Guide looks for 50% supermarket energy cuts
USA: A new design guide for convenience stores and supermarkets provides recommendations to achieve 50% energy savings when compared with minimum US code requirements.
While the guide applies to US grocery stores with gross floor areas between 25,000 and 65,000ft² with medium- and low-temperature refrigerated cases and walk-ins, many of the recommendations may also be applied to smaller or larger grocery stores.
Today’s stores often include a wide range of prepared food services and expanded fresh food products, which creates unique challenges in the design process due to the needed balance between refrigeration, food service and HVAC systems. “When coupled with the need to create an inviting environment and positive shopping experience for customers, energy efficiency may get overlooked,” say the authors of the report, but argue that “an energy efficient grocery store design adds value, reduces expenses and enhances the customer shopping experience.”
The Guide is the fifth in a series to provide recommendations for achieving 50% energy savings over the minimum code requirements of ANSI/ASHRAE/IESNA Standard 90.1-2004, Energy Standard for Buildings Except Low-Rise Residential Buildings. In the case of this Guide, all recommendations also meet or exceed Standard 90.1-2013.
The series was developed by a committee representing a diverse group of energy professionals drawn from ASHRAE, the American Institute of Architects (AIA), the Illuminating Engineering Society (IES), the US Green Building Council (USGBC) and the Department of Energy (DOE). Support and funding was provided by DOE through the National Renewable Energy Laboratory (NREL).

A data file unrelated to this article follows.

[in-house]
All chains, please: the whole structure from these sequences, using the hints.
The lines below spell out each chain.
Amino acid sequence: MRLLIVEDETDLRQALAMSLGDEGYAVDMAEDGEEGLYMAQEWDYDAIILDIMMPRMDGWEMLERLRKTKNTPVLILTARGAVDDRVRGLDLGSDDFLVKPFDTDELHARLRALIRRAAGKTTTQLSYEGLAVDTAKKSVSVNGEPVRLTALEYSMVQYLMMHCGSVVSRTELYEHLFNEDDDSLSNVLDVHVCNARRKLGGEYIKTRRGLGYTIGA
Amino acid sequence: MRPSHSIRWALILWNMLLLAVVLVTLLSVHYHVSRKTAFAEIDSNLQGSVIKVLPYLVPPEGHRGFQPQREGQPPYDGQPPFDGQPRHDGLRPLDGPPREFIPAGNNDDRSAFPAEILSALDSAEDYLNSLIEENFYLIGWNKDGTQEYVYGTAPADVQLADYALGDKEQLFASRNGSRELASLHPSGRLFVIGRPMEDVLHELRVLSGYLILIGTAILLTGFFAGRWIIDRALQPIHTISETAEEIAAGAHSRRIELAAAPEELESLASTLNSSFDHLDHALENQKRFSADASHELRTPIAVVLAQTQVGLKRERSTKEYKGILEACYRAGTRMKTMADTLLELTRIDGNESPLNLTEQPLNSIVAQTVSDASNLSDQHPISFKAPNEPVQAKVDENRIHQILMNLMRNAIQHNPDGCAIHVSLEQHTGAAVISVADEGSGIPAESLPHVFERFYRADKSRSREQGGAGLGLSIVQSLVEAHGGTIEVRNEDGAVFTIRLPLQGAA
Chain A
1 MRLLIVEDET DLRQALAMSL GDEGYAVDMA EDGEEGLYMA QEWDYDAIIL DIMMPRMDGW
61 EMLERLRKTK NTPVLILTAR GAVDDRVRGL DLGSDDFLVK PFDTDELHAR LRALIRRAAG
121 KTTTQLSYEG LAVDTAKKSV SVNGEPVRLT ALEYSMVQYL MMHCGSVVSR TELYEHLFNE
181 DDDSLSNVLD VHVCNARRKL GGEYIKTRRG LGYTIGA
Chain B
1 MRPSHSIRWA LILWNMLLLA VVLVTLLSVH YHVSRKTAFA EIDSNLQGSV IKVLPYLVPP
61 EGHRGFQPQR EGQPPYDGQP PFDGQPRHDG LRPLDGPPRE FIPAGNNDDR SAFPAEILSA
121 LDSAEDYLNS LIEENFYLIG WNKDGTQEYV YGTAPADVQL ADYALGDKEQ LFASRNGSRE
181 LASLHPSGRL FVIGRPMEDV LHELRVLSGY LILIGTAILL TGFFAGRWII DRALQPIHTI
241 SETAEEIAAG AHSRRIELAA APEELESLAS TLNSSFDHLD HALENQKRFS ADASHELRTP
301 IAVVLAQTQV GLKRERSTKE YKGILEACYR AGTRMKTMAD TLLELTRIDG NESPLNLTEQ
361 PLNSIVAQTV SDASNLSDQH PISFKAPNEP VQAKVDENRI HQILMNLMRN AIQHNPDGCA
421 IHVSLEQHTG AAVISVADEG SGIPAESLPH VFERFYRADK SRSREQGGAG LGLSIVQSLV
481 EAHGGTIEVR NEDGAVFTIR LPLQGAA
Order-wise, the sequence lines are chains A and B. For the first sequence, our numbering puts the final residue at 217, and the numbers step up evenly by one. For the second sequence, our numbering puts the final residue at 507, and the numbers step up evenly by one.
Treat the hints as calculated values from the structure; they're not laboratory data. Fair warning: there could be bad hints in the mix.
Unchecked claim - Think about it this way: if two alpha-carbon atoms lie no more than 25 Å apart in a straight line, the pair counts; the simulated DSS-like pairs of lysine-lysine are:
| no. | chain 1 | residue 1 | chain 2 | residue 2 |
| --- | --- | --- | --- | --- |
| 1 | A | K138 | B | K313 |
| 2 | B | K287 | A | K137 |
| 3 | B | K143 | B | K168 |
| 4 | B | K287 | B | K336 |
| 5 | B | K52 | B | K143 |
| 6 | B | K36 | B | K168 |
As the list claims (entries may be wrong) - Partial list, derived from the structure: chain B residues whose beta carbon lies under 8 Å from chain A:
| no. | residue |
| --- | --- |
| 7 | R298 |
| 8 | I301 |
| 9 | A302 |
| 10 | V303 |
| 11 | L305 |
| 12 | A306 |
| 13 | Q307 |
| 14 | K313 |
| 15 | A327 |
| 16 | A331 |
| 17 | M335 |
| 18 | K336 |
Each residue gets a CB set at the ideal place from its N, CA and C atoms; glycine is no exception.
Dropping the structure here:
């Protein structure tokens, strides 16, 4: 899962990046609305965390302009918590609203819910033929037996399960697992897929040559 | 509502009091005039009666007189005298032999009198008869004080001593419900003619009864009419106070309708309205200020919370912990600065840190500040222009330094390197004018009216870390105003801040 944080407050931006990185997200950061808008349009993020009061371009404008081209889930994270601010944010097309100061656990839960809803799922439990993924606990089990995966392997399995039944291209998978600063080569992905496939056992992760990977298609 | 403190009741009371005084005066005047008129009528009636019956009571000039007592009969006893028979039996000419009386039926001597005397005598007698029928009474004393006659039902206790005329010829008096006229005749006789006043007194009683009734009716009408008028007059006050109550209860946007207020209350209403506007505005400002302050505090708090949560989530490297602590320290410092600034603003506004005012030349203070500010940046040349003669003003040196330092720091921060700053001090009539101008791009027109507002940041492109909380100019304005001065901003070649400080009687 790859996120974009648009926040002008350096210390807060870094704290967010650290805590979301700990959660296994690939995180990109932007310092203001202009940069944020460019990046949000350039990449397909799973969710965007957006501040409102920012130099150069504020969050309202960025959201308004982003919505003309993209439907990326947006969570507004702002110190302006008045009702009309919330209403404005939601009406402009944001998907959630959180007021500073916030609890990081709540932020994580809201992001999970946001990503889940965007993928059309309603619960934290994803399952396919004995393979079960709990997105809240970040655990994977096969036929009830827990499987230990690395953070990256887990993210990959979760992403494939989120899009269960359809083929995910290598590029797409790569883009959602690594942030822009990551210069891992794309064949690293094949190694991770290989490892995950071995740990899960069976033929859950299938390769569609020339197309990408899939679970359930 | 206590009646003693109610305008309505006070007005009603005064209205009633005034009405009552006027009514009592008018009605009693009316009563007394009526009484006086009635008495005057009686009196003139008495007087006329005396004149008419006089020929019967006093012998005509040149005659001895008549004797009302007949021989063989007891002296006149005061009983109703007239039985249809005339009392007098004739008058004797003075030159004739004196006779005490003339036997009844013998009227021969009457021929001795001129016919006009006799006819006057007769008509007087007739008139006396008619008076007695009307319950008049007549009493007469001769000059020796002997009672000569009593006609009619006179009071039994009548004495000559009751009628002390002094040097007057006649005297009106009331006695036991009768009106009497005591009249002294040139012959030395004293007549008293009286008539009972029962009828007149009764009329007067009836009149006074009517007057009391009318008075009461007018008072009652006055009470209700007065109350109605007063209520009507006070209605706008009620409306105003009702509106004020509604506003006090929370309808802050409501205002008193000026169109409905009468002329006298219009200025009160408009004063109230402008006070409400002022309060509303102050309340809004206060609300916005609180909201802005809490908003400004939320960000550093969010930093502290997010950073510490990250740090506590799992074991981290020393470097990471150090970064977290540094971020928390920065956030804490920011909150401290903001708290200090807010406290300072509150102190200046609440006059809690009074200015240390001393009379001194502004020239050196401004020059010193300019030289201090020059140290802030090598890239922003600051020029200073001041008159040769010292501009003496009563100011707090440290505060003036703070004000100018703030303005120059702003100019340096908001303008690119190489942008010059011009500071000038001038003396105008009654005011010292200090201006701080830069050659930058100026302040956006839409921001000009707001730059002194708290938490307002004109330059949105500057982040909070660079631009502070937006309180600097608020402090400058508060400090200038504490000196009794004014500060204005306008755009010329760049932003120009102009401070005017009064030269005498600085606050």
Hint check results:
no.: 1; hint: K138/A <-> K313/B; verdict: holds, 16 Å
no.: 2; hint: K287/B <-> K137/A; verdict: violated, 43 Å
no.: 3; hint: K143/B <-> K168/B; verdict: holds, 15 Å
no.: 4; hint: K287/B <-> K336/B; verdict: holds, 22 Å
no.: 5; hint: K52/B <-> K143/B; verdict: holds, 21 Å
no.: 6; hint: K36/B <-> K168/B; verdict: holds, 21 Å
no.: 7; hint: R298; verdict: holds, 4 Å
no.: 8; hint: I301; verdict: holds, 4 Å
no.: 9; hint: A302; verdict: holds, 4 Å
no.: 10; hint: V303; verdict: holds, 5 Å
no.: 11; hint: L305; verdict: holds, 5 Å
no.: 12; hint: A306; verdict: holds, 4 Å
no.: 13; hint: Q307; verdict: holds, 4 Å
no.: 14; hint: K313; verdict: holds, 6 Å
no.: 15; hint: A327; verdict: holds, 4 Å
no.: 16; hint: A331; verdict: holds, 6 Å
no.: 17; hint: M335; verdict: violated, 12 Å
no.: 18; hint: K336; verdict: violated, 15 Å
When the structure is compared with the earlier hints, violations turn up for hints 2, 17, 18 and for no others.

“Traditionally, the refrigeration and food service are considered independently from the rest of the building systems and the HVAC&R is expected to meet the loads,” Paul Torcellini, chair of the committee that wrote the guide, said. “An integrated approach looks at the building holistically and addresses issues such as: HVAC humidity levels that are critical to the performance of the refrigeration system, refrigeration system waste heat that can be used for hot water or conditioning the outside air, and food service operation that generates lots of heat that must be removed. Adding doors to refrigerated cases reduces uncontrolled cooling, simplifies temperature control and reduces system load. Better management of exhaust hoods and better selection of equipment reduces the food service loads. Proper introduction of outside air that is semi-conditioned helps minimise cooking smoke and odours with minimal conditioning. These are just examples of how the pieces need to work together.”
The specific energy-saving recommendations are summarised in a single table for each US climate zone and allow contractors, consulting engineers, architects, and designers to easily achieve advanced levels of energy savings without detailed energy modelling or analyses.
In addition, this Guide discusses principles of integrated design and how they can be used to implement energy-efficient strategies. A chapter addressing design philosophies for grocery stores is also included. This chapter is devoted to interaction between refrigeration and other building systems.
An expanded section of tips and approaches is included in the “How to Implement Recommendations” chapter. These tips are cross-referenced with the recommendation tables. This chapter also includes additional “bonus” recommendations that identify opportunities to incorporate greater energy savings into the design of the building.
Case studies and technical examples throughout the Guide illustrate the recommendations and demonstrate the technologies in real-world applications.
This guide’s electronic copy has navigational hyperlinks to allow easy movement throughout the guide. Links in the recommendation tables direct readers to the applicable “how to” tips, and links within the text direct to referenced tables and figures.
To download a free copy, please visit www.ashrae.org/freeaedg.